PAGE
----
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Niagara Falls expected to outperform most Canadian markets in domestic travel

A photo of Clifton Hill in Niagara Falls, Ont. August 2020. Global News

A real estate report says Niagara Falls, Vancouver, and Quebec City will continue to outperform other markets next year after benefiting during the pandemic from Canadians travelling within the country due to COVID-19 restrictions on foreign travel.

CBRE says the three well-known destinations experienced increased domestic leisure traffic in 2021.

British Columbia saw more than 14 million overnight visits from Canadian travellers in 2021, compared with 13.5 million in 2019 before the pandemic.

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The real estate firm is forecasting that Vancouver will outperform other Canadian markets in 2022 with occupancy projected to hit 55 per cent, average daily hotel rates to rise to $176 and revenue per available room (RevPar) to increase to $97 from $47 in 2020 but down from $175 in 2019.

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Occupancy in Niagara Falls is expected to be the highest of any Canadian market at 59 per cent, more than double the pandemic low and down just eight percentage points from 2019. Rates and revenues are expected to further improve next year but remain below pre-pandemic levels.

Quebec City’s occupancy of 55 per cent, rates and revenues are projected to be buoyed by meeting and conference travel in the second half of next year.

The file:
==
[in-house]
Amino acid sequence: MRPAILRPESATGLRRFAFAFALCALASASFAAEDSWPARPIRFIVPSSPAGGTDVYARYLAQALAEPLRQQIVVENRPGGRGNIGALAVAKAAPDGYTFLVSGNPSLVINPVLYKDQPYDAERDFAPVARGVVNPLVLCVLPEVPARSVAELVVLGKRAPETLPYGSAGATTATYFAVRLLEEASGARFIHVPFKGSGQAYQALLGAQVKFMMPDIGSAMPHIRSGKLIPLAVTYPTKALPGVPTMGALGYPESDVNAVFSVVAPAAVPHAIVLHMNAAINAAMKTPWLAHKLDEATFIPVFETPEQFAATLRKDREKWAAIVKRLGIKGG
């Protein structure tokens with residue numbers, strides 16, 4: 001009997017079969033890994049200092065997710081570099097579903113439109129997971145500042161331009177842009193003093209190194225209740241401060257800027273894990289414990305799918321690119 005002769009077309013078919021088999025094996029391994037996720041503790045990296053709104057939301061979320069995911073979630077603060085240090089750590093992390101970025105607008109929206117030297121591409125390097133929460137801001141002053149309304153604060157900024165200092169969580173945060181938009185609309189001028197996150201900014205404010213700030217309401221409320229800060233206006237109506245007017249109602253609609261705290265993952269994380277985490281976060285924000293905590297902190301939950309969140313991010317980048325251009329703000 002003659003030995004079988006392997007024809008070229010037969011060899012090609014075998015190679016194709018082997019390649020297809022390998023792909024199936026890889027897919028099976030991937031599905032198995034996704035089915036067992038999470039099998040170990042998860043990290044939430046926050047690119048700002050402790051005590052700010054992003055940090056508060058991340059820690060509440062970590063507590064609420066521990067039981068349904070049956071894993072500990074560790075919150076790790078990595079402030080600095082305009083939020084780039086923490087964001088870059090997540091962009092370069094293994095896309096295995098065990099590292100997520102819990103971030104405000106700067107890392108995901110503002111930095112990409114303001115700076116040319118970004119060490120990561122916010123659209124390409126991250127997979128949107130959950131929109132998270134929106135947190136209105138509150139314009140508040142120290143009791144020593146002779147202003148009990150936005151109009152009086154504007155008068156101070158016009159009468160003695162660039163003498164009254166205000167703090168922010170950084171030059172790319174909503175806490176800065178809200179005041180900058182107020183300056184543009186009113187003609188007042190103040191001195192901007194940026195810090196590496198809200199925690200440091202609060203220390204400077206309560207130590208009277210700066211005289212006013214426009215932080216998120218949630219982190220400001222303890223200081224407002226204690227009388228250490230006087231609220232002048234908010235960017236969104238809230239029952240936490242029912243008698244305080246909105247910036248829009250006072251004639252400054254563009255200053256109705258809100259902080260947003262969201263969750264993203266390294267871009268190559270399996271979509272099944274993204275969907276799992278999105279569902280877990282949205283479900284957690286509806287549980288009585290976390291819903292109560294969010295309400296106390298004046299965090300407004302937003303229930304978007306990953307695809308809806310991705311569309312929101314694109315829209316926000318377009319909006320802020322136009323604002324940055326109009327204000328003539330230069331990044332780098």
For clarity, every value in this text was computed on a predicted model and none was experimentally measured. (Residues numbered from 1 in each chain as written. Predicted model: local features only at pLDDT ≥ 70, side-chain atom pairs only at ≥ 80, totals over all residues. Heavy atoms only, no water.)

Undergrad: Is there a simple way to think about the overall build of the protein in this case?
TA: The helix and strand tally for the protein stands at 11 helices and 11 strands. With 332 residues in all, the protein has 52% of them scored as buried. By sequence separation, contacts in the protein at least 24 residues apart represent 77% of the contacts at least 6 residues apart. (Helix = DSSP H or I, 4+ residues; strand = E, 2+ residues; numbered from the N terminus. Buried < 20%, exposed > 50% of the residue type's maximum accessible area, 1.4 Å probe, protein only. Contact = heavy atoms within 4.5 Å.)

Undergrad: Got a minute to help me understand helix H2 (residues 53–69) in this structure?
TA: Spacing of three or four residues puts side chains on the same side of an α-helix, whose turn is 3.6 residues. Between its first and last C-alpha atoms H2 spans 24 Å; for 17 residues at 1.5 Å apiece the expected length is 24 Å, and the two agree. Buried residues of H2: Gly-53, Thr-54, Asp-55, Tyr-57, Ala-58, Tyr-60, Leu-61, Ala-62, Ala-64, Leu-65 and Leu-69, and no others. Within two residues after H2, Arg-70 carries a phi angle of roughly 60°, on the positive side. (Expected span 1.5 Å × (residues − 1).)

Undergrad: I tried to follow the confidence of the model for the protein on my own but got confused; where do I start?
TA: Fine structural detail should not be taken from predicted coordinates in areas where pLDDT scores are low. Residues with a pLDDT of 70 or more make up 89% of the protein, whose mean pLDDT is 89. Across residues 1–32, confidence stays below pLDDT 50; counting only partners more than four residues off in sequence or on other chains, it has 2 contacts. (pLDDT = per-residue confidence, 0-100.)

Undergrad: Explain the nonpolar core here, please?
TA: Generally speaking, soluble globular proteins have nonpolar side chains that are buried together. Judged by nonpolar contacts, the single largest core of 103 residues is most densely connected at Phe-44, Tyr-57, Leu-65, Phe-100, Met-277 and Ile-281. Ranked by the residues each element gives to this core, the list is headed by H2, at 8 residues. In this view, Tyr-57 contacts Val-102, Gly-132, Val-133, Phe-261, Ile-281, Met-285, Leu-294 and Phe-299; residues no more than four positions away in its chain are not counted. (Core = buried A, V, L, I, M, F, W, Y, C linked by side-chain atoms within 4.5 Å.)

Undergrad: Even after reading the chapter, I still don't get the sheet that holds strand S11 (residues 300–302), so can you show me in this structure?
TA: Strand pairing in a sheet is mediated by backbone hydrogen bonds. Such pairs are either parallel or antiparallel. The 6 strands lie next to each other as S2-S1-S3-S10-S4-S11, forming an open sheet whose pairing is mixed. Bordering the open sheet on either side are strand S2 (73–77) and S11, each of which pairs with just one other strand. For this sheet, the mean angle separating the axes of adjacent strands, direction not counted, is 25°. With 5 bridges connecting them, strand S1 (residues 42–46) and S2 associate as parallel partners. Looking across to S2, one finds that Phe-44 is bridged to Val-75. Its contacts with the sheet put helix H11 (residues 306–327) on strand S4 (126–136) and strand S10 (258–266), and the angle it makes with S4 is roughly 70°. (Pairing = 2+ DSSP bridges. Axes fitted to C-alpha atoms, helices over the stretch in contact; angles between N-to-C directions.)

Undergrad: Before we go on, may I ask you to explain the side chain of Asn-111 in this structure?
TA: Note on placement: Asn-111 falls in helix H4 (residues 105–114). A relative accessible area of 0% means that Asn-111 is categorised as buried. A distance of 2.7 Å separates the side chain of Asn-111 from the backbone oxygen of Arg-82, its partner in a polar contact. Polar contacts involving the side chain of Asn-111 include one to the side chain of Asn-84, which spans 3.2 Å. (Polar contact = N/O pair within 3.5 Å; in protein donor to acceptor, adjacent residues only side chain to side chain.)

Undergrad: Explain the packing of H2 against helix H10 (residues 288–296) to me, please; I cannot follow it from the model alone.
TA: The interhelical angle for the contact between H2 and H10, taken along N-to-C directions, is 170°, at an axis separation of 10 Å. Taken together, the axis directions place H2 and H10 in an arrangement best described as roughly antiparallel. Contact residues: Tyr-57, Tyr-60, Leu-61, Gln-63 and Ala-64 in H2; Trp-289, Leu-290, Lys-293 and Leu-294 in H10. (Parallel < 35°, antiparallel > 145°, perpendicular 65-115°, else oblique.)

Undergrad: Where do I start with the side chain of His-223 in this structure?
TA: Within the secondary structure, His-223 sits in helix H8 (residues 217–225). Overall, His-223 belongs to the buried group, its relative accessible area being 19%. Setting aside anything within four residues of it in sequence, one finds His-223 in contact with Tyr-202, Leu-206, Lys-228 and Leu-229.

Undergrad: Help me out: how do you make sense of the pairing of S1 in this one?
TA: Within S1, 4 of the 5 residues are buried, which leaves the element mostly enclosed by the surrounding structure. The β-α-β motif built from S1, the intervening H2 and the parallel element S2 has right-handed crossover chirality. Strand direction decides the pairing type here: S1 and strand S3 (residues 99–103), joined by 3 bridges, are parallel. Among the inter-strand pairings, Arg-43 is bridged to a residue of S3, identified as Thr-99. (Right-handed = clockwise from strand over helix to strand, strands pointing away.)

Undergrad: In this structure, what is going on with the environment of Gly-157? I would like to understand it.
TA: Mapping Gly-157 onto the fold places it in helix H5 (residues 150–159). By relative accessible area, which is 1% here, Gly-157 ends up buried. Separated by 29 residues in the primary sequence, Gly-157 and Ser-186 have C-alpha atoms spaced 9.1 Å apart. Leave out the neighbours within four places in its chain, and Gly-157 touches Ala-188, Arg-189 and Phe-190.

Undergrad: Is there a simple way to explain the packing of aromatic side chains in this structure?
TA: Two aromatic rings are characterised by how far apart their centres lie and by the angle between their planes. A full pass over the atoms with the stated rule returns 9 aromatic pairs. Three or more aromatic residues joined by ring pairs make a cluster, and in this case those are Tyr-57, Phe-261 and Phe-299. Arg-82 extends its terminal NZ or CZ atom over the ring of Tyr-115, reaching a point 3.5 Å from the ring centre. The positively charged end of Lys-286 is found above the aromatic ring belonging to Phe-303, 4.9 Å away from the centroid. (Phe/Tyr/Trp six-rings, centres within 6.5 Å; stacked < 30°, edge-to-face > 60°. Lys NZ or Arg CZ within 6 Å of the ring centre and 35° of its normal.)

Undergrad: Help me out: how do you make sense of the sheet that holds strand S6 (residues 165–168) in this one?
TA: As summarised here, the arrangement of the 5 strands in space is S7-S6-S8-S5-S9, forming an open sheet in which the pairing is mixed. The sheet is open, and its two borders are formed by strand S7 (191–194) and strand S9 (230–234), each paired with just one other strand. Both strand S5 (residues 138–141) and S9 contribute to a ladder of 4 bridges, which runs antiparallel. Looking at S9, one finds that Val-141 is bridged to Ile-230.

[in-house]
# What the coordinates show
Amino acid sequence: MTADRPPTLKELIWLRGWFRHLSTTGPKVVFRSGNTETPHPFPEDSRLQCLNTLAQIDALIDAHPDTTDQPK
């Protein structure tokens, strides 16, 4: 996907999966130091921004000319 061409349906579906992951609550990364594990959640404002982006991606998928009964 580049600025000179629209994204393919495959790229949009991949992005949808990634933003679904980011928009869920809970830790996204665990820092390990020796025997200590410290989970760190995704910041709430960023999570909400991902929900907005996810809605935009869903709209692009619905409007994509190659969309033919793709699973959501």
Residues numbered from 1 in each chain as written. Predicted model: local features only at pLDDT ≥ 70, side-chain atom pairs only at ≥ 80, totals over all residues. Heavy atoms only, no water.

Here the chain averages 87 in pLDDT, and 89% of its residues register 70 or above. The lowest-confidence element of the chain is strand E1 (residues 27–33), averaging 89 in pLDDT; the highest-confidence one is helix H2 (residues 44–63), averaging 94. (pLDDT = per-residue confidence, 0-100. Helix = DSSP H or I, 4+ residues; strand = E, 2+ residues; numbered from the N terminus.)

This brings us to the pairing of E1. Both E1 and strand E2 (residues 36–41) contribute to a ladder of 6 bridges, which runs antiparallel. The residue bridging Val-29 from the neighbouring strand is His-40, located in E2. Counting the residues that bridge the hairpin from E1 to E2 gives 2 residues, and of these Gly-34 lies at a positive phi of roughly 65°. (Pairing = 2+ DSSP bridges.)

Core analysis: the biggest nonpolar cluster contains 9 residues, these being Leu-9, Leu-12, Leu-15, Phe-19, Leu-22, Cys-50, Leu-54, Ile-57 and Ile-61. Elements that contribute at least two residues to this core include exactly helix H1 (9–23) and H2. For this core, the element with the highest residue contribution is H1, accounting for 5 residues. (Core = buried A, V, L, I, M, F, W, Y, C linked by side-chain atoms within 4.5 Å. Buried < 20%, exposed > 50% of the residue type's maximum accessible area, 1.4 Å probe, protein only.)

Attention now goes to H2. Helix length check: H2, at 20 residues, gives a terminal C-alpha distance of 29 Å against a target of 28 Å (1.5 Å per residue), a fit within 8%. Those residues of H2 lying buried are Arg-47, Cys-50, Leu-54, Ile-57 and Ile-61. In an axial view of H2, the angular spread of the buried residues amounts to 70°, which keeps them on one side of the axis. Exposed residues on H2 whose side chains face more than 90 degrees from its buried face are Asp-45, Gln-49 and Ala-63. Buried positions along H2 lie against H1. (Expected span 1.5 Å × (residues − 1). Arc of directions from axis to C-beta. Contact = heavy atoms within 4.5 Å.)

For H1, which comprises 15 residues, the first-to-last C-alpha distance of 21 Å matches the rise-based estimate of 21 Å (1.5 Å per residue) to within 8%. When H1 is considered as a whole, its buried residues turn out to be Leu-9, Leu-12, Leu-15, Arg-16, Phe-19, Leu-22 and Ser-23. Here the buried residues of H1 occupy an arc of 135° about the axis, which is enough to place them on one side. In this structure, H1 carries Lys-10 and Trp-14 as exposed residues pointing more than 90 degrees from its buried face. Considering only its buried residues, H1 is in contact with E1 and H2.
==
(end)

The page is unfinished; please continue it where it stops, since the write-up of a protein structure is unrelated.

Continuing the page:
“Resort destination location properties have seen the strongest RevPar bounce back in 2021, similar to what we saw in 2020,” stated CBRE Hotels Director Nicole Nguyen.

“While RevPar is still below their 2019 levels these markets are making great strides toward recovery.”

CBRE says urban downtown hotels that have struggled during the pandemic will face a long road back to pre-pandemic numbers.

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It is projecting that all 13 of Canada’s major hotel markets will have RevPar under $100 in 2022, with Vancouver at $97, Montreal at $79 and Toronto at $78. The last time Canada saw all its major markets under $100 was in 2010, in the midst of the global financial crisis.

Overall RevPar is expected to increase 53 per cent to $72 next year but the recovery to pre-pandemic levels likely won’t occur until 2025.

A more complete recovery in the industry will depend on the return of U.S. travellers and resurgence in business travel that is expected to start next spring.

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